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I’ve Gotten Packing Down to a Science Using These 5 Things

When you don’t have room for steamer trunks. Photo: FPG/Getty Images

There is one kind of travel, say, on the Titanic, where packing means steamer trunks, tasteful hatboxes, and a hard-shell case for your Stradivarius. Then there’s the kind of travel I do for work. As a magazine writer, I don’t travel every day, but when I do travel, it’s often to strange places on very short notice. Last year, I spent a weekend on a boat in the canals of Central Florida. There was another time when I spent a week at a nudist camp in rural Pennsylvania. When you’re leaving in a hurry and sleeping in strange places, it’s crucial to have a good packing system in order. Over the years, I’ve come away with a few nonnegotiables — this is all of the gear I swear by.

These packing cubes have been mentioned before, but they’re worth bringing up again. If you’ve lived out of a suitcase, then you’ll recognize this struggle: It’s raining out and you have a jacket, but it’s buried at the bottom of your bag under your clothes. I’ve learned that packing light is worthless if you can’t get your things in and out when you need them. I bought these packing cubes nearly ten years ago. Once, when I was staying in a hostel for a story in New Orleans, these were especially useful for corralling my things (in a shared space, the last thing you want to be doing is rummaging for your underwear). I use one for my tops, one for my bottoms, and one for socks and underwear and bras.

I used to travel with a tote bag as my day pack, but I’ve learned that a strap digging into my shoulder can make the difference between leisure and hard work. I believe that packing light is a virtue, but not at the expense of having the right tool for the right job. A lot of my reporting, like what I did on a makeup convention in Los Angeles, demands that I pack clothes for both daytime and night. This foldable backpack barely takes up space and allowed me to add something fancier for nighttime.

Anything that’s precious and small will always end up at the bottom of a suitcase. This goes for expensive things — jewelry, gold coins — but also practical, invaluable things like bobby pins. After one too many games of needle in a haystack, I appropriated this plastic pillbox as a solution. I’ve saved myself a lot of rummaging by combining my small things into one much larger thing. It’s also good for things like actual pills. It’s annoying to stop at a drugstore on assignment, so I tend to load it up with an assortment of allergy pills, antacids, and ibuprofen.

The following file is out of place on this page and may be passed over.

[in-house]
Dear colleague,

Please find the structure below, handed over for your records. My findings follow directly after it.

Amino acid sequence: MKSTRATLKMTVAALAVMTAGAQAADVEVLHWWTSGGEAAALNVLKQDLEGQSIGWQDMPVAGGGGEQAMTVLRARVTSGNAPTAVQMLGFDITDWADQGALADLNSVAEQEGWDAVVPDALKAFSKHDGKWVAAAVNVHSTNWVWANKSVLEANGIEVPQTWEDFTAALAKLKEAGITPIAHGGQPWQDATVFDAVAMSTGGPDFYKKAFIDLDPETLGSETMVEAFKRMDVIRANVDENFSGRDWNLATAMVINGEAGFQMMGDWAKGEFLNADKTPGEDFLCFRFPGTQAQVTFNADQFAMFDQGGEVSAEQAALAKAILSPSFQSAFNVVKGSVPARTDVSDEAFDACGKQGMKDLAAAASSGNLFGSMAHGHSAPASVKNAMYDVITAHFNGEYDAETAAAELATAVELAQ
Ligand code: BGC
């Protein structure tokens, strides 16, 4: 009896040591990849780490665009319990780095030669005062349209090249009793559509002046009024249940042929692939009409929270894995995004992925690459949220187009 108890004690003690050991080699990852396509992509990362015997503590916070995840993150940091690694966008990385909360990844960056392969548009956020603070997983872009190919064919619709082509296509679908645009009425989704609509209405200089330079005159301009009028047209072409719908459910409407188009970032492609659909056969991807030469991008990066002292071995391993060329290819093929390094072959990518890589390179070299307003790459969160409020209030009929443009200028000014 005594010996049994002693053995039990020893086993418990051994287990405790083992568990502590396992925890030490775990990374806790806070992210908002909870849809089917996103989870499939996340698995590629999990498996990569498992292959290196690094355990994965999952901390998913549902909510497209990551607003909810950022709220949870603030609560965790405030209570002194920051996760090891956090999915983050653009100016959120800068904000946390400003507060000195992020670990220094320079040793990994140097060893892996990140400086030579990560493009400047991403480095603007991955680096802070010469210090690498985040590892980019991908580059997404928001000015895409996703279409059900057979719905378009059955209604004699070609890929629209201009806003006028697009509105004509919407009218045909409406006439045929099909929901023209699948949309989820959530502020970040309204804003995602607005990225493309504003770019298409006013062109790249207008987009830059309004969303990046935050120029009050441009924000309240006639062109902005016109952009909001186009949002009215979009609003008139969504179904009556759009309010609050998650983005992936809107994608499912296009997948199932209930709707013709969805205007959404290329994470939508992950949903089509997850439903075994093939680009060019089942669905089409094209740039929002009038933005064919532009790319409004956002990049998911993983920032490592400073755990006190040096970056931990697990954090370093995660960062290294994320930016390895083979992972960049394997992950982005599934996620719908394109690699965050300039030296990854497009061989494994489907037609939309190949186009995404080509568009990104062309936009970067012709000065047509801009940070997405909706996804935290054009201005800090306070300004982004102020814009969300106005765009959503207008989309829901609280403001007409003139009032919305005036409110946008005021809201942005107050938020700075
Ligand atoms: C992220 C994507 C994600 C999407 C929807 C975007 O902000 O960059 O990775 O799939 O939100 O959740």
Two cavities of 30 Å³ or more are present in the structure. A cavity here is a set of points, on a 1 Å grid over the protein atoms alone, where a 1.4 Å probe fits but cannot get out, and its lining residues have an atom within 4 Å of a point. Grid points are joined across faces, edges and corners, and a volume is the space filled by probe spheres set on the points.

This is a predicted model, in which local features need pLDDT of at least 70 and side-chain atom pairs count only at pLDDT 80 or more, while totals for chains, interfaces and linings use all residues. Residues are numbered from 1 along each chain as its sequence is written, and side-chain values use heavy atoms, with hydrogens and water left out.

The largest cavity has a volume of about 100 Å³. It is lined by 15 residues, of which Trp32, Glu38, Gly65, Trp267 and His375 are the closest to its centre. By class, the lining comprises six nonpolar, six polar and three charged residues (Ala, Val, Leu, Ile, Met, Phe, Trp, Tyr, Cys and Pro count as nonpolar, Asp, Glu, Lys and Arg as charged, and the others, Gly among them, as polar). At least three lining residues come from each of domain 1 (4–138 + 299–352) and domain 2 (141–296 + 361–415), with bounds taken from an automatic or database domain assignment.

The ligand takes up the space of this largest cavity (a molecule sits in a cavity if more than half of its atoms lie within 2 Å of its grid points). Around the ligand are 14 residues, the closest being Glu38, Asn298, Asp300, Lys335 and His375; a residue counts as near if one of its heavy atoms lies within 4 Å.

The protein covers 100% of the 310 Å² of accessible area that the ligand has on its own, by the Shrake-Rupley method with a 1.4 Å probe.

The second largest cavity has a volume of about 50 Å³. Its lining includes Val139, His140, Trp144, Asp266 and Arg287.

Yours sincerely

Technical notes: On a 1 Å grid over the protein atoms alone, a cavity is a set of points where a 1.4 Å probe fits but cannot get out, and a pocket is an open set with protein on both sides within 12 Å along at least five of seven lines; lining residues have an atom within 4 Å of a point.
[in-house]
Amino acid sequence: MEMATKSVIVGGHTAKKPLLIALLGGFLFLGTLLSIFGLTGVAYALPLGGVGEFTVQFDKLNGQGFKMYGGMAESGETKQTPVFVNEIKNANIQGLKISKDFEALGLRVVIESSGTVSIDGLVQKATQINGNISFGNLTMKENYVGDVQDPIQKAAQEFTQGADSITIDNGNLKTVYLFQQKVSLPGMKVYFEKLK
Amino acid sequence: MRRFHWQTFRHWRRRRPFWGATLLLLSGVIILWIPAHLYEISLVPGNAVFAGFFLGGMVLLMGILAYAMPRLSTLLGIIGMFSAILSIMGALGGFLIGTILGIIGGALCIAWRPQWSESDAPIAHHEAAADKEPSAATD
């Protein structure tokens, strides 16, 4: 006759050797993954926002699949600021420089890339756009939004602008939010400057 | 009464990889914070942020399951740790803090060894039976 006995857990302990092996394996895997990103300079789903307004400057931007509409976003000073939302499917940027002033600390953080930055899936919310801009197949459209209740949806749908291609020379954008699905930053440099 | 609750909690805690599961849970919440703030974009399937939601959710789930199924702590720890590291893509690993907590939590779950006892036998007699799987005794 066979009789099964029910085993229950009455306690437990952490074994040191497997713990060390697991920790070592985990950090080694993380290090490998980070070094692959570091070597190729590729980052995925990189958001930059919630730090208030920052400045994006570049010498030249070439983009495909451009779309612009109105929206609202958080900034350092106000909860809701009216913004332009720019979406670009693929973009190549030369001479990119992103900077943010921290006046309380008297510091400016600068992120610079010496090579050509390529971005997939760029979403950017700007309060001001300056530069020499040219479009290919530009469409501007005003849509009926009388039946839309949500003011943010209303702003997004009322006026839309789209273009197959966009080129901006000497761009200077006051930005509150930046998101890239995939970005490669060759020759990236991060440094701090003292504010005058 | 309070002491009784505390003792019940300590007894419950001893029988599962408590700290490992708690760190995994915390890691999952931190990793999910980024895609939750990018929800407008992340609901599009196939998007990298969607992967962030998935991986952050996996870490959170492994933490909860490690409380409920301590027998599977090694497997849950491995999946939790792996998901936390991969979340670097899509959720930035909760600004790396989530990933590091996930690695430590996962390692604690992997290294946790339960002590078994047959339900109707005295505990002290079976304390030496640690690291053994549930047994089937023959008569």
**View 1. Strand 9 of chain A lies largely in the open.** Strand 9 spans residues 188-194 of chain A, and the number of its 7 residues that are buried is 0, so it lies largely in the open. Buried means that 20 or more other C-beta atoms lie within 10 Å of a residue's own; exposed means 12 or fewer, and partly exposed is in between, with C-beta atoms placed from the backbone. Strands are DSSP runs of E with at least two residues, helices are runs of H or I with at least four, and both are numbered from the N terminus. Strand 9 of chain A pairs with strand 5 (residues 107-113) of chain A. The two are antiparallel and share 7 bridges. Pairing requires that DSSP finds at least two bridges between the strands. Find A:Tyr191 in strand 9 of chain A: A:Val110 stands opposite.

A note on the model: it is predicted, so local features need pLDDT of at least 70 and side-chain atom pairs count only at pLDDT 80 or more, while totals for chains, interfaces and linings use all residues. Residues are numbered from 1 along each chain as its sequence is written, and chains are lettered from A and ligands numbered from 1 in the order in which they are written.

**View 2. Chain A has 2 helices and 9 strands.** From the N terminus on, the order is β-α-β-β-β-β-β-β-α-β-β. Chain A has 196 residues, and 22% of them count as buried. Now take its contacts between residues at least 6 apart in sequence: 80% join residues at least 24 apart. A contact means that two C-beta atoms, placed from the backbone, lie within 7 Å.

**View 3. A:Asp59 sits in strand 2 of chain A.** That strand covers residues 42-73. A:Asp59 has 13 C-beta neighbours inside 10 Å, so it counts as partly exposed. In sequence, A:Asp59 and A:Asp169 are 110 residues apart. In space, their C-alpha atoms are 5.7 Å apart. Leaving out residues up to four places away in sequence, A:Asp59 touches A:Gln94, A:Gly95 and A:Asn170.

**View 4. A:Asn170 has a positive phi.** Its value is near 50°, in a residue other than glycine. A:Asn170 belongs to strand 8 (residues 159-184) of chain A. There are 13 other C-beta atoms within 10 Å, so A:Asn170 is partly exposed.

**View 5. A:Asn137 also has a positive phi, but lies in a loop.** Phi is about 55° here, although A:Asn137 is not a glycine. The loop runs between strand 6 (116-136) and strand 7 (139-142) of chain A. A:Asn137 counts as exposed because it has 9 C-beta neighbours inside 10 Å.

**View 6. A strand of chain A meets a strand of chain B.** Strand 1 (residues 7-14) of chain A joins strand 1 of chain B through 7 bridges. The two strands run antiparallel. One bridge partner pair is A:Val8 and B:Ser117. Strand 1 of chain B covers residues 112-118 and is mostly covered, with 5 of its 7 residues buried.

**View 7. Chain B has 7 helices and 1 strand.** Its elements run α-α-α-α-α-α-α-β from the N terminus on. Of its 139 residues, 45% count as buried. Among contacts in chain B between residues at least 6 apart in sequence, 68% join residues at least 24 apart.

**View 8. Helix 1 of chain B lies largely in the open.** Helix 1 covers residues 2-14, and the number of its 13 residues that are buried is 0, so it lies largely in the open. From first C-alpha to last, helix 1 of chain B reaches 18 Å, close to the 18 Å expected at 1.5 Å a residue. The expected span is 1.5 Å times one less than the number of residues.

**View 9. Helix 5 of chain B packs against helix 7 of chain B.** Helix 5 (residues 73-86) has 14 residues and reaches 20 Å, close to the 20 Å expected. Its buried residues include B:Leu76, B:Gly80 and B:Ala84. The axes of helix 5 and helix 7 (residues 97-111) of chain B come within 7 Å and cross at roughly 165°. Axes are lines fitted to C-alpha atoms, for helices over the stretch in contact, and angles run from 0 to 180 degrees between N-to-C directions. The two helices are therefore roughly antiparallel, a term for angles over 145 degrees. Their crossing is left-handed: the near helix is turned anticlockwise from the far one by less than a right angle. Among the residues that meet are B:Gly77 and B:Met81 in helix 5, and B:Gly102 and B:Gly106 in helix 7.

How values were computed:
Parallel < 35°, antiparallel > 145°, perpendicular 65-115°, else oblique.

Sometimes — no matter how well I plan, no matter how many souvenirs I don’t buy — I still end up with a pile of stuff that just doesn’t fit inside my suitcase. After paying one overage fee at bag check, I started packing an extra bag inside of my suitcase. I like these plaid bags because they are cheap, virtually indestructible, and fold into a nice and tidy rectangle. For those who wish to travel with more subtlety and dignity, this packable duffel will work just as well.

Okay, this one’s a bit of an outlier, but hear me out. While I love when hotels lavish you with overly large bath towels, sometimes you have to make do with whatever’s on hand. This is a compact piece of fabric that uses dense microfibers to soak up moisture, doing as good a job in half the space. At the nudist camp, I used it after my shower. I’ve used it to wipe my sweaty brow. In chilly cabins, I’ve even used it as a second blanket. It’s also 30 by 60 inches and folds into an 8-by-8-inch carrying case.

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I’ve Gotten Packing Down to a Science With These 5 Things